Yes. The backpack is your collection of badges from multiple sites. As stated before, a single site can display their badges any way they want (once again, I bring up Moodle as an example) but the Mozilla OpenBadges Backpack is where a user can store all their badges for displaying. The backpack is in fact open source, so its not centralized to Mozilla. However, it does use Persona as the login right now…which IS Mozilla. I am going to OSCON right after CLS so if there is a Mozilla OpenBadges techy handy I will ask them more about this!

I believe so. Though any application can create a badge, your application can use Verification steps to ensure that the user does not display a badge on your site that is not ‘verified’. I am a little sketchy on this part. The reason the verification comes into play is that someone can actually simply Upload a baked badge to their OpenBadges backpack. At some point they were discussion putting some type of SSL cert/key reference in a badge to verify that the badge was actually made by what the badge says it was made by, but I have not had time to continue looking into this project as I once did. Here is some more info on that:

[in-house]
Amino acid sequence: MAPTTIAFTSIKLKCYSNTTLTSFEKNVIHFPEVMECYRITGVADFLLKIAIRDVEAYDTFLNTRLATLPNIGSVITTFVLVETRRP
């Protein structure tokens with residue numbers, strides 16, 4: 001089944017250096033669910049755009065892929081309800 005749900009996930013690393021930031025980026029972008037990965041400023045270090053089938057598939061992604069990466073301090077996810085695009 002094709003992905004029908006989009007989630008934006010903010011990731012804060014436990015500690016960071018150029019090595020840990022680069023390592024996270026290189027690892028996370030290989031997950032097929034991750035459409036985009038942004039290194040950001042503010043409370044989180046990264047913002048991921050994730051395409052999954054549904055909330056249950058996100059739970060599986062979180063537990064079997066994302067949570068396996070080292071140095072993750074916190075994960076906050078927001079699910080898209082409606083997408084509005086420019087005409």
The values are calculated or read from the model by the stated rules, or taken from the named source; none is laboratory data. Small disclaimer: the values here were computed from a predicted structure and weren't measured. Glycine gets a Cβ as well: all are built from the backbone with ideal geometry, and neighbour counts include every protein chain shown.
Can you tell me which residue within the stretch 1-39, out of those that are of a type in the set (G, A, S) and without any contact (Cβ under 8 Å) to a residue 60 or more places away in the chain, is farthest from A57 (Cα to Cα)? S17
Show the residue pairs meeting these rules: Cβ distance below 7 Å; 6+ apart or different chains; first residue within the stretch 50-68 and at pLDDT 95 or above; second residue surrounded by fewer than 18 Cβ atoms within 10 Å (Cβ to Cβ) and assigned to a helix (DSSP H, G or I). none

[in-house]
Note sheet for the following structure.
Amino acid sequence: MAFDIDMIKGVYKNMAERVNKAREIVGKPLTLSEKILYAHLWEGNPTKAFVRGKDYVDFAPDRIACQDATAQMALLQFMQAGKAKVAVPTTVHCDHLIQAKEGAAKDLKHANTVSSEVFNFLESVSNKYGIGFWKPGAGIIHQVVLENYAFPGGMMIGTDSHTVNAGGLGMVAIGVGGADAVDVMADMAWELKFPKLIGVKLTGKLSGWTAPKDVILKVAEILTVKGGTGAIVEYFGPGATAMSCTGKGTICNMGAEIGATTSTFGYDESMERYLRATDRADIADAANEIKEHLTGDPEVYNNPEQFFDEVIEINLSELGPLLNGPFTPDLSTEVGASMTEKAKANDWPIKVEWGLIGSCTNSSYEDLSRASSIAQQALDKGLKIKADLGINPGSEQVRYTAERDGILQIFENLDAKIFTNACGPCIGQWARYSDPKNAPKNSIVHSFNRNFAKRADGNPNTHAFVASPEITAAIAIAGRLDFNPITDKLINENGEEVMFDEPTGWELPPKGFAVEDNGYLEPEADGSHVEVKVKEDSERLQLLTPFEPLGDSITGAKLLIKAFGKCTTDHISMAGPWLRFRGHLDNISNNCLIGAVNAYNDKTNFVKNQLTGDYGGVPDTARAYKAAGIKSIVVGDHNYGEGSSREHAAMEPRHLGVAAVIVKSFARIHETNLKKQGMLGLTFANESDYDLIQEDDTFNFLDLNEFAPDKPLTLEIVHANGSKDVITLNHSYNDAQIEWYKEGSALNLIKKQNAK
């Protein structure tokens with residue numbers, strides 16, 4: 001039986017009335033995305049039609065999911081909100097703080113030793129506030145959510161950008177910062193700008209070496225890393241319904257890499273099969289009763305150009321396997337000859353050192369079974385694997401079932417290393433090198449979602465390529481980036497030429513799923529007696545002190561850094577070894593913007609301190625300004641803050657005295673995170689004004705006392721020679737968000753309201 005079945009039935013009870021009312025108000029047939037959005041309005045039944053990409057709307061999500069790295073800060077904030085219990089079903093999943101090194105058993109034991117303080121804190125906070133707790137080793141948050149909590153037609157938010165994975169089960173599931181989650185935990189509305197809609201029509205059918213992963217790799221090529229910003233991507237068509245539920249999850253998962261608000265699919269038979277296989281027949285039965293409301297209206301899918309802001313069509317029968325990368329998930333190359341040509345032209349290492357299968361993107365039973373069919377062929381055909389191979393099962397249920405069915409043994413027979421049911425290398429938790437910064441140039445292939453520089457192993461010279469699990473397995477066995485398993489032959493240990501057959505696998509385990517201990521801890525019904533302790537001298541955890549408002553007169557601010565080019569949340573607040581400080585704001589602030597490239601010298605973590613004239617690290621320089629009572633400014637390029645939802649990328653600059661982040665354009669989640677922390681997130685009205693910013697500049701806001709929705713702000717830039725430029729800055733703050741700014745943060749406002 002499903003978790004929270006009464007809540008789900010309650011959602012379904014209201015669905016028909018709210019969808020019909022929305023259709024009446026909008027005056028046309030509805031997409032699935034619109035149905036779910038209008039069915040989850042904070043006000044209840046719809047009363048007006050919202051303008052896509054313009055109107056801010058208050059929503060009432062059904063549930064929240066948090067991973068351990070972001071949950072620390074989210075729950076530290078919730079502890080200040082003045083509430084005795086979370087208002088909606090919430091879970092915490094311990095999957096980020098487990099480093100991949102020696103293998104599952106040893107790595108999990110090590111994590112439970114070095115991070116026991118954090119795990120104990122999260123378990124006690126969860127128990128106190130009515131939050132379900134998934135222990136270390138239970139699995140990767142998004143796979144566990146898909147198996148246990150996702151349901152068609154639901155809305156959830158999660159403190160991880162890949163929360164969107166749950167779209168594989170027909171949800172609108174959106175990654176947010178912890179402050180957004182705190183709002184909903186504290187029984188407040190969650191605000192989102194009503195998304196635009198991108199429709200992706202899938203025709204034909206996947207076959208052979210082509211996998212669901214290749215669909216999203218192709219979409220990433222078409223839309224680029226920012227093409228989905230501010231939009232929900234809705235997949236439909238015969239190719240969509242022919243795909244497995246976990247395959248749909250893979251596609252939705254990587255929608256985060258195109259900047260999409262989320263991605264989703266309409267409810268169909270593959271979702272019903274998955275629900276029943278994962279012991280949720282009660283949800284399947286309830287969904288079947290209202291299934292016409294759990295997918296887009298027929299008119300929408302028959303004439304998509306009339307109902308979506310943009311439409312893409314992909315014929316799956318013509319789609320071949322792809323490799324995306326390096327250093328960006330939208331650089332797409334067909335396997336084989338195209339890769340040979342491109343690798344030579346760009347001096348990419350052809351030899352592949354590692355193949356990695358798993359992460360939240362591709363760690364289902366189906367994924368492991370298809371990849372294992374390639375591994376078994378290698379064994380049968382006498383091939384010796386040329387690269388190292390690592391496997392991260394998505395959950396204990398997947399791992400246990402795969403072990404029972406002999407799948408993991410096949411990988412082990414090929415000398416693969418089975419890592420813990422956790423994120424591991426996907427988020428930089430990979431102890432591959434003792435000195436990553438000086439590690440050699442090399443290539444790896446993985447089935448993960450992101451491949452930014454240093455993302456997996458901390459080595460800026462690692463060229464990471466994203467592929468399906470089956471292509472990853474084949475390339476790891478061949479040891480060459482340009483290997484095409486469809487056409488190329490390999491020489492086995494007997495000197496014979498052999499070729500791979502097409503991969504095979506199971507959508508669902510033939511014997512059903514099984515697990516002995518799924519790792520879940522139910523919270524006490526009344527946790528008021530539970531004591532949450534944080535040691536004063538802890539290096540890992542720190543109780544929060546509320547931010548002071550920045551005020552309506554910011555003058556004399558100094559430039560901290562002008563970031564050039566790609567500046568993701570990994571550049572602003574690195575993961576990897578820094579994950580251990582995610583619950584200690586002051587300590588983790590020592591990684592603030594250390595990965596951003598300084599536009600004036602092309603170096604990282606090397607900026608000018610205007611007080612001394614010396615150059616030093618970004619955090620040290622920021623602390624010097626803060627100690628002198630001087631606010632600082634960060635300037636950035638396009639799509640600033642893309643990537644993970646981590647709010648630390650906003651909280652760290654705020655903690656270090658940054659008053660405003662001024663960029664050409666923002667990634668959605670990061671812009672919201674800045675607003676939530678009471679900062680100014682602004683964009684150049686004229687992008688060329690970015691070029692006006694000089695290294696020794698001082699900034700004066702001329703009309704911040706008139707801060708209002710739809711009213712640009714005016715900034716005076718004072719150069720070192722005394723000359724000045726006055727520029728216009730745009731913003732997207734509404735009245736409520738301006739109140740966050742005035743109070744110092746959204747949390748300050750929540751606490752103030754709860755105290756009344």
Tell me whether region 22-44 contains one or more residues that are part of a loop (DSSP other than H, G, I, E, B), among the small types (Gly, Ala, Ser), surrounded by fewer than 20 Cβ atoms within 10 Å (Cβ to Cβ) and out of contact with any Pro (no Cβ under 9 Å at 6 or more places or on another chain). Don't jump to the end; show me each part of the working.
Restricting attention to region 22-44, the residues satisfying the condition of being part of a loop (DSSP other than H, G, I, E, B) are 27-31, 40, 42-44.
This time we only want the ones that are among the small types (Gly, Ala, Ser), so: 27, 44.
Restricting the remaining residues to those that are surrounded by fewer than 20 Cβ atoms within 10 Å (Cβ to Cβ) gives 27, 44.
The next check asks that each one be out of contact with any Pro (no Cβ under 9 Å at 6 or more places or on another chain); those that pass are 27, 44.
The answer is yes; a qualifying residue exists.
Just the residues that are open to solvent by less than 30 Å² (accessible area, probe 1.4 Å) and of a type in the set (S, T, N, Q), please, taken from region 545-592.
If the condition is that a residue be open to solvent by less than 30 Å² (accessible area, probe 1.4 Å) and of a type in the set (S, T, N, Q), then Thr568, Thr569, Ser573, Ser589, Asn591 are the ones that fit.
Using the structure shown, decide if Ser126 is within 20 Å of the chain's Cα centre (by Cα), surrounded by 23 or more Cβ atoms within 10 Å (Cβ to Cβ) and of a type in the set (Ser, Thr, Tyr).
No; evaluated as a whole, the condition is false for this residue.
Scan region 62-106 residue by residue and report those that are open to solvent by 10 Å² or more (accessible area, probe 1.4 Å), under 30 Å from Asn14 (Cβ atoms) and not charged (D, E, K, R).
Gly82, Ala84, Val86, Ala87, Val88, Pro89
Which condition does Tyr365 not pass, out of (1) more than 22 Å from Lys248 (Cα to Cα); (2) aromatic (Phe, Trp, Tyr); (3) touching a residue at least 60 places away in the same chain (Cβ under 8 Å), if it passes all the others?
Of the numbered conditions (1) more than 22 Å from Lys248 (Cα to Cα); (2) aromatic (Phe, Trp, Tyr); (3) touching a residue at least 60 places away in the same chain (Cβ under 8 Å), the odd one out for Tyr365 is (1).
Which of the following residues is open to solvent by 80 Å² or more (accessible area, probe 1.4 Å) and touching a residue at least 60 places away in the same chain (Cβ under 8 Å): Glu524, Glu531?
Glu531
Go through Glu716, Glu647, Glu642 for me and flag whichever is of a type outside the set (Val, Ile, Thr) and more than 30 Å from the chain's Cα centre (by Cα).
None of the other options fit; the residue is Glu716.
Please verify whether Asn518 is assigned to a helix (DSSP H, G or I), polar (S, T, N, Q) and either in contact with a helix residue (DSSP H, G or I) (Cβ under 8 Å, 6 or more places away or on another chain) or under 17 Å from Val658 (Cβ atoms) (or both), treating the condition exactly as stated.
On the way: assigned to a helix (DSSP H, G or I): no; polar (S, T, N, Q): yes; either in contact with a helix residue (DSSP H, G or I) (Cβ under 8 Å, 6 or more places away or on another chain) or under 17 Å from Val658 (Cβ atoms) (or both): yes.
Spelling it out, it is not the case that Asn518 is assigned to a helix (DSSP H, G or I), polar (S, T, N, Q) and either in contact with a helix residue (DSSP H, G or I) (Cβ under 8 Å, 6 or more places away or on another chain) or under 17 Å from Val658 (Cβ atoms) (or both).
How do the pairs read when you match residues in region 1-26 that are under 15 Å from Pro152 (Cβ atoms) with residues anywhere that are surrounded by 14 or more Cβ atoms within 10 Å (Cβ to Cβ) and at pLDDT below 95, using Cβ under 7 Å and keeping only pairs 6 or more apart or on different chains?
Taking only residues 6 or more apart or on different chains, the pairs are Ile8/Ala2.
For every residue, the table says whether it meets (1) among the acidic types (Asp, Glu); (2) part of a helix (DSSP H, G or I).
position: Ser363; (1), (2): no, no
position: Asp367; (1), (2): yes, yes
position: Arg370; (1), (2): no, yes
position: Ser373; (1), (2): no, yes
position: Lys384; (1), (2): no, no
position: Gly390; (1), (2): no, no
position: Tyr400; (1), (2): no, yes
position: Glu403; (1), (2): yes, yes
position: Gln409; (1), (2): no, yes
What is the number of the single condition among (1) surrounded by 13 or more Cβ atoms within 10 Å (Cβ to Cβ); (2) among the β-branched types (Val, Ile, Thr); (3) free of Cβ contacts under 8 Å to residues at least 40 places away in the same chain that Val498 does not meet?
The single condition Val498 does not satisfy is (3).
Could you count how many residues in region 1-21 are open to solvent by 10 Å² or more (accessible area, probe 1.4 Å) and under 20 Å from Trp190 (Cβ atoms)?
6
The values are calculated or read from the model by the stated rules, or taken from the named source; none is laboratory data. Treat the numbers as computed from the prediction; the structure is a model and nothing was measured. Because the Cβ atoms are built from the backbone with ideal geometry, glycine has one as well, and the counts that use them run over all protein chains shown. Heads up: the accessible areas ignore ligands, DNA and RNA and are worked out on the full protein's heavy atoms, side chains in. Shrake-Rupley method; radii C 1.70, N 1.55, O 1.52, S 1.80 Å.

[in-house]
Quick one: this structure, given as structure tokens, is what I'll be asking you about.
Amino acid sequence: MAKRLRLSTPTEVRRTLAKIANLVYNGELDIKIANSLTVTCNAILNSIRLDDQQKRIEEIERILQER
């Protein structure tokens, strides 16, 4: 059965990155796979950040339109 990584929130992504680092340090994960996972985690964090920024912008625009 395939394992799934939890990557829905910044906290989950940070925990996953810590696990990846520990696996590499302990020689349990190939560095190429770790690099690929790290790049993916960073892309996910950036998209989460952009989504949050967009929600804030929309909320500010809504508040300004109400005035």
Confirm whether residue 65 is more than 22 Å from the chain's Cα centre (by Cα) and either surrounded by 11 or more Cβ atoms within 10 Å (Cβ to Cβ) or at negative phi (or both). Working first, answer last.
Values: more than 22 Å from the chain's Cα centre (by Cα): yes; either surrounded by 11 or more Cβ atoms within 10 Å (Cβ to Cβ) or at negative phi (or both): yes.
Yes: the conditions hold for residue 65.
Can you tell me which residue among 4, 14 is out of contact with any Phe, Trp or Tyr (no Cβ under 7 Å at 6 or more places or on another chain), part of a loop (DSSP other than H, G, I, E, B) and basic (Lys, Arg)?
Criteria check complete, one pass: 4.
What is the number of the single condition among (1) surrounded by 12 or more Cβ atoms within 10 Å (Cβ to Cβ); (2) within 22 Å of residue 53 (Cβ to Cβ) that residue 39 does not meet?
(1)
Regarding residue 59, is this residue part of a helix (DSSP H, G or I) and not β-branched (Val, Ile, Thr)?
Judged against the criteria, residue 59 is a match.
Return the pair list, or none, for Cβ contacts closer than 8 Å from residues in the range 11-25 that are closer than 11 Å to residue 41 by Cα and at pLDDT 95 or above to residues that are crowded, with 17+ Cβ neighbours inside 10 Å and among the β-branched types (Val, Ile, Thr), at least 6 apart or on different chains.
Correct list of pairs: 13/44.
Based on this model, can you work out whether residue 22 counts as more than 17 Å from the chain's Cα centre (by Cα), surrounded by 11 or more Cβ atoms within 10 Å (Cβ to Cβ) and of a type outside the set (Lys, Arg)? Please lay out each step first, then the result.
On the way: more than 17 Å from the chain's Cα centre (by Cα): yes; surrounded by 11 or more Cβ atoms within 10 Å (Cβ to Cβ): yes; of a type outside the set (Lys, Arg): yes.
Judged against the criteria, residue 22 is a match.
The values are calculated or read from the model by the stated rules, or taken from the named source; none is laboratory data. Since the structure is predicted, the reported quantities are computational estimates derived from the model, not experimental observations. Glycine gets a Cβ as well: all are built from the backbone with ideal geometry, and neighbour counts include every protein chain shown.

https://wiki.mozilla.org/Badges/Onboarding-Issuer
https://wiki.mozilla.org/Badges/Onboarding-Issuer#Verification

I apologize about the gaps in answers, I have lost track of some of this project due to my other priorities at work, so I need to catch up with the Community talk and whatnot!


#13

What’s been said here about badges is important and interesting, but I think there’s some other aspects of gamification that hold a lot of value and could be discussed.